Tuesday, October 25, 2016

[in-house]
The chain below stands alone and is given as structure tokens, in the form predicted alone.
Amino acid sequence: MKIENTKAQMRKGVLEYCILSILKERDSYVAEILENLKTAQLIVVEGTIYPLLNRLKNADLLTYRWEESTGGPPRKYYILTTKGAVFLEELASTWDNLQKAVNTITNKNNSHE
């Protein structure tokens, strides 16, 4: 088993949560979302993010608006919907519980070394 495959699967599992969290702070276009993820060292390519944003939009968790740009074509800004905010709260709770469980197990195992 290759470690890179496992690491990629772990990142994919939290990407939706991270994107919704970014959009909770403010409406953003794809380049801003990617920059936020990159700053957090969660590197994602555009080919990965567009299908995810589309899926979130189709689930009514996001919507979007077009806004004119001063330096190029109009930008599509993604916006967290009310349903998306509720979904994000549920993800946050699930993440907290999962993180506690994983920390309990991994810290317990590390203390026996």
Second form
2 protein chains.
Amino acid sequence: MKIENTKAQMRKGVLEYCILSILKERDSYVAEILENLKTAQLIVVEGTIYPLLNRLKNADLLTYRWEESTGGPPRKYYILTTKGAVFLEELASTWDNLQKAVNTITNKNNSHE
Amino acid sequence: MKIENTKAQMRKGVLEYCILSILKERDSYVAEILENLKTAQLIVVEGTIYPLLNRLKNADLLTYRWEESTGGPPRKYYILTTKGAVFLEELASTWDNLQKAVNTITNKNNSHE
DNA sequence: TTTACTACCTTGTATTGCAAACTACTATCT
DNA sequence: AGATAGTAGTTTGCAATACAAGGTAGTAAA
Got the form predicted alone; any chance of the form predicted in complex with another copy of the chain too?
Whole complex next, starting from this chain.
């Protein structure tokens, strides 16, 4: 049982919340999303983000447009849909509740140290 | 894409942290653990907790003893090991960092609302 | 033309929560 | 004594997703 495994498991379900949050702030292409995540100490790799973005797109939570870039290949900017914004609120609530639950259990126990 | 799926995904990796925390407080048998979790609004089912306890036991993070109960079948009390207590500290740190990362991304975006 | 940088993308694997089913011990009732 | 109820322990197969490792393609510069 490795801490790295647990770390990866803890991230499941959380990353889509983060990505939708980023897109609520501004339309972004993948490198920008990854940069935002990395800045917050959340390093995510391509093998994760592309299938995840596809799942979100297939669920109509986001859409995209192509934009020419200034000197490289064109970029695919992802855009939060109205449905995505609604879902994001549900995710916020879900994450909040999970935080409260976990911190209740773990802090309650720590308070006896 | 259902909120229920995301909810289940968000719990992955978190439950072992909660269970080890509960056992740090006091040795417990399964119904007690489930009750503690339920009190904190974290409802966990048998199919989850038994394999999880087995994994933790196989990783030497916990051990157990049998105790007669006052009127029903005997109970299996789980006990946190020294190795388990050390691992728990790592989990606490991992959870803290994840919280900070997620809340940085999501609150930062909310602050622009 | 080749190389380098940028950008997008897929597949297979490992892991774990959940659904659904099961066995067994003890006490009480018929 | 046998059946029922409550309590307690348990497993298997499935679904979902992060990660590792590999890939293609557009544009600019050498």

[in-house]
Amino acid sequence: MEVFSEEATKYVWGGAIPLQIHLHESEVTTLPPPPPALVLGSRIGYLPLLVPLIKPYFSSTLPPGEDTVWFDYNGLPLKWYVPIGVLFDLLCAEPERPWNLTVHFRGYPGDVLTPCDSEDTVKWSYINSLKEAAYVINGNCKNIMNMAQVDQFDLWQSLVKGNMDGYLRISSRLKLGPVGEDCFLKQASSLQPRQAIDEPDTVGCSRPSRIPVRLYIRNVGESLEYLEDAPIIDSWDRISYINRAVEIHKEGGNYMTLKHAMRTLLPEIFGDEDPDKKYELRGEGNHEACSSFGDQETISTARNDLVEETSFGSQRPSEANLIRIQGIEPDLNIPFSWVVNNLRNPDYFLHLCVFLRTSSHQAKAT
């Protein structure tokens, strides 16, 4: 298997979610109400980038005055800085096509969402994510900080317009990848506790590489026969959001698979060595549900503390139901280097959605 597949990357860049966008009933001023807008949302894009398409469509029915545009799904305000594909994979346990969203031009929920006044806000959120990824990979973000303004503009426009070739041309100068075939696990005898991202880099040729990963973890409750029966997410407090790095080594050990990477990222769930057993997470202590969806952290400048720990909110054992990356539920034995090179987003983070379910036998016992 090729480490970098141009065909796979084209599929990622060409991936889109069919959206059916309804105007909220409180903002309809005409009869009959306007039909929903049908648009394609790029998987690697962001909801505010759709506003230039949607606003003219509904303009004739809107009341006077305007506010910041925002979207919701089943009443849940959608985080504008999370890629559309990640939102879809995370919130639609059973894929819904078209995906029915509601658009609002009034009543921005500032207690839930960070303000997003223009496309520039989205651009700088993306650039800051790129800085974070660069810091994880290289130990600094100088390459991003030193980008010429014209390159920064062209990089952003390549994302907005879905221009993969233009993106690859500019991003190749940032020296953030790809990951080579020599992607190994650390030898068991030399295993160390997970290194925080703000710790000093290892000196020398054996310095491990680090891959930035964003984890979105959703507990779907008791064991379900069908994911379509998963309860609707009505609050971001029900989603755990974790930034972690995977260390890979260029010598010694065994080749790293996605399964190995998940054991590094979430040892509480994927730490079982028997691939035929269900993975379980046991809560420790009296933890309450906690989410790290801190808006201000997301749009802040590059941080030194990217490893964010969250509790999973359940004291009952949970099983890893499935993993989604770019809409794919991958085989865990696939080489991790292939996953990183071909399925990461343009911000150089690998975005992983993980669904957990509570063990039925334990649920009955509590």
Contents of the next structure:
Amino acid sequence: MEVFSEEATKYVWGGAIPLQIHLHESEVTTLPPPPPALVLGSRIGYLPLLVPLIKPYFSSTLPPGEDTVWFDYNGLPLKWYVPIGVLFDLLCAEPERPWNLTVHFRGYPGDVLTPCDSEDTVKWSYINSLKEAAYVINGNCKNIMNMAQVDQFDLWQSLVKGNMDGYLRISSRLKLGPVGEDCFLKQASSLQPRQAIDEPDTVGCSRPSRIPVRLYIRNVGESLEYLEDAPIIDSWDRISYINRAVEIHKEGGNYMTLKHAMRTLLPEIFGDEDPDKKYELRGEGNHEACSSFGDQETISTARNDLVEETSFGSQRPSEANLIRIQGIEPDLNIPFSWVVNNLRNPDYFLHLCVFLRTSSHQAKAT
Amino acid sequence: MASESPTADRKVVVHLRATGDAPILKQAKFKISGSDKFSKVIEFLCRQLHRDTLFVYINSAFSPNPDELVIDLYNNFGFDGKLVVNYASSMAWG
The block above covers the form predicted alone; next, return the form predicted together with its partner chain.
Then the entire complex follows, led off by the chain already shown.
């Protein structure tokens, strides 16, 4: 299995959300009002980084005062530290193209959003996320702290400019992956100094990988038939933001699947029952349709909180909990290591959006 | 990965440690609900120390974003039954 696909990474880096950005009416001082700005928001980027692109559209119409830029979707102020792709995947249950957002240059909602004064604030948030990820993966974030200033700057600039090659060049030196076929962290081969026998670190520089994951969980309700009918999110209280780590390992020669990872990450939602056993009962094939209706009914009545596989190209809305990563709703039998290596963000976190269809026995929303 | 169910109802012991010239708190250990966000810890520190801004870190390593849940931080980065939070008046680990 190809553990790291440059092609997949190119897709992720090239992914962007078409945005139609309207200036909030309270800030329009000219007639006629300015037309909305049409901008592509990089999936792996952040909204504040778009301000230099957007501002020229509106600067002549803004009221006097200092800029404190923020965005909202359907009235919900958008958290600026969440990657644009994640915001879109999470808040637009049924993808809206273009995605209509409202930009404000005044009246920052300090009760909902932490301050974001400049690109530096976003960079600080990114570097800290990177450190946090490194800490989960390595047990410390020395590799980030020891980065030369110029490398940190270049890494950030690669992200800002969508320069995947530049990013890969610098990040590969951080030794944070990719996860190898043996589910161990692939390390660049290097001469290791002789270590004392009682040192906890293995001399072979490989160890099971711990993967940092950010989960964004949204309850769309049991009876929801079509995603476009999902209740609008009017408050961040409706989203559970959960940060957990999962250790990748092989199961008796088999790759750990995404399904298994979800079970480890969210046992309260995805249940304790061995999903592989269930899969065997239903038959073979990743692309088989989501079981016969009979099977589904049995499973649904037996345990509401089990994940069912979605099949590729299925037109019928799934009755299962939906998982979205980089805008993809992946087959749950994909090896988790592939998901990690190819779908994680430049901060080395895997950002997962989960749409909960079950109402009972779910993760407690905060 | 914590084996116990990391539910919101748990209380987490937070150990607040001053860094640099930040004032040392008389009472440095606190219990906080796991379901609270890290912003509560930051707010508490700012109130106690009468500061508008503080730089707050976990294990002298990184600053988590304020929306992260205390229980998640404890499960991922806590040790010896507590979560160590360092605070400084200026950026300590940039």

Lately I've had some ask me about my son, Callahan. They want to know more about him, they want to know more about autism, they want to know more about Fragile X. People are curious, because there's so much unknown that encircles autism. When he was little, things were difficult. I don't remember every single day being hard, but I remember a lot of the hard days. However I remember rejoicing in the milestones and the firsts too, maybe even more than I remember them for the girls. As he has gotten older, things have gotten so much easier. Transitions are easier for him, conversations are easier for him, people are easier for him. I don't know if life is easier for him, or if he just copes better. Sometimes I think life may be more difficult now, because I know that he knows he's different. I remember someone once telling me about a class where professionals would help us learn how to explain to our special needs son that he was different and why. I also remember thinking how ridiculous that was, because I thought he would never understand that or even realize that he was different. Then one summer day while we were swimming (something I never thought he would do), it happened: he walked over to me, looked thoughtfully into my eyes and asked, "What do I have?" I immediately felt that tug at my heart and my eyes well up as I tried to decipher just what he was asking me...even though I knew exactly what he was asking. He stared at me with a questioning look and expression of concern. I took a deep breath and gave him the answer that I use to give the girls and other kids when they would ask me about Cal. I said, "You have autism. It means your brain works differently." He stared at me a minute, nodded his head and jumped back into the pool. My head immediately started to pound, and I fought back tears for a long time while I watched him play. I was wrong....he did know that he was different. Not long after that, I read "The Reason I Jump"; and I became acutely aware that my son probably understood much more than I had ever given him credit. There were parts of that book that brought me joyful tears, and there were parts that brought me tears of sorrow; but the book was extremely insightful. I have always been careful not to talk about Cal as if he is not present, just like I would not talk about my "typical" girls as if they weren't present. Sometimes when he hears a conversation involving him, I can tell by the look on his face that he is listening intently; and I always steer it towards being appropriate for his ears. Oftentimes, he will ask me about it afterwards, and I always answer him as honestly as I can. Lately I've had a few ask me if I could, would I change Cal? I've thought about this a lot, and I know most are wondering about the diagnosis and not the person he is. One thing I know is this: I want Cal to be happy, just like I want my "typical" children to be happy. I know this is a very ambiguous answer, but that's because I feel like it would be very selfish of me to say yes I would change him when he is happy; but I also feel like it would be very selfish of me to say no I wouldn't change him if he is not. Cal is a wonderful young man, and I'm not just saying that because he's my son. Ask anyone who knows him, and they will agree. He is very loved and very good at loving others. And for now, he is happy!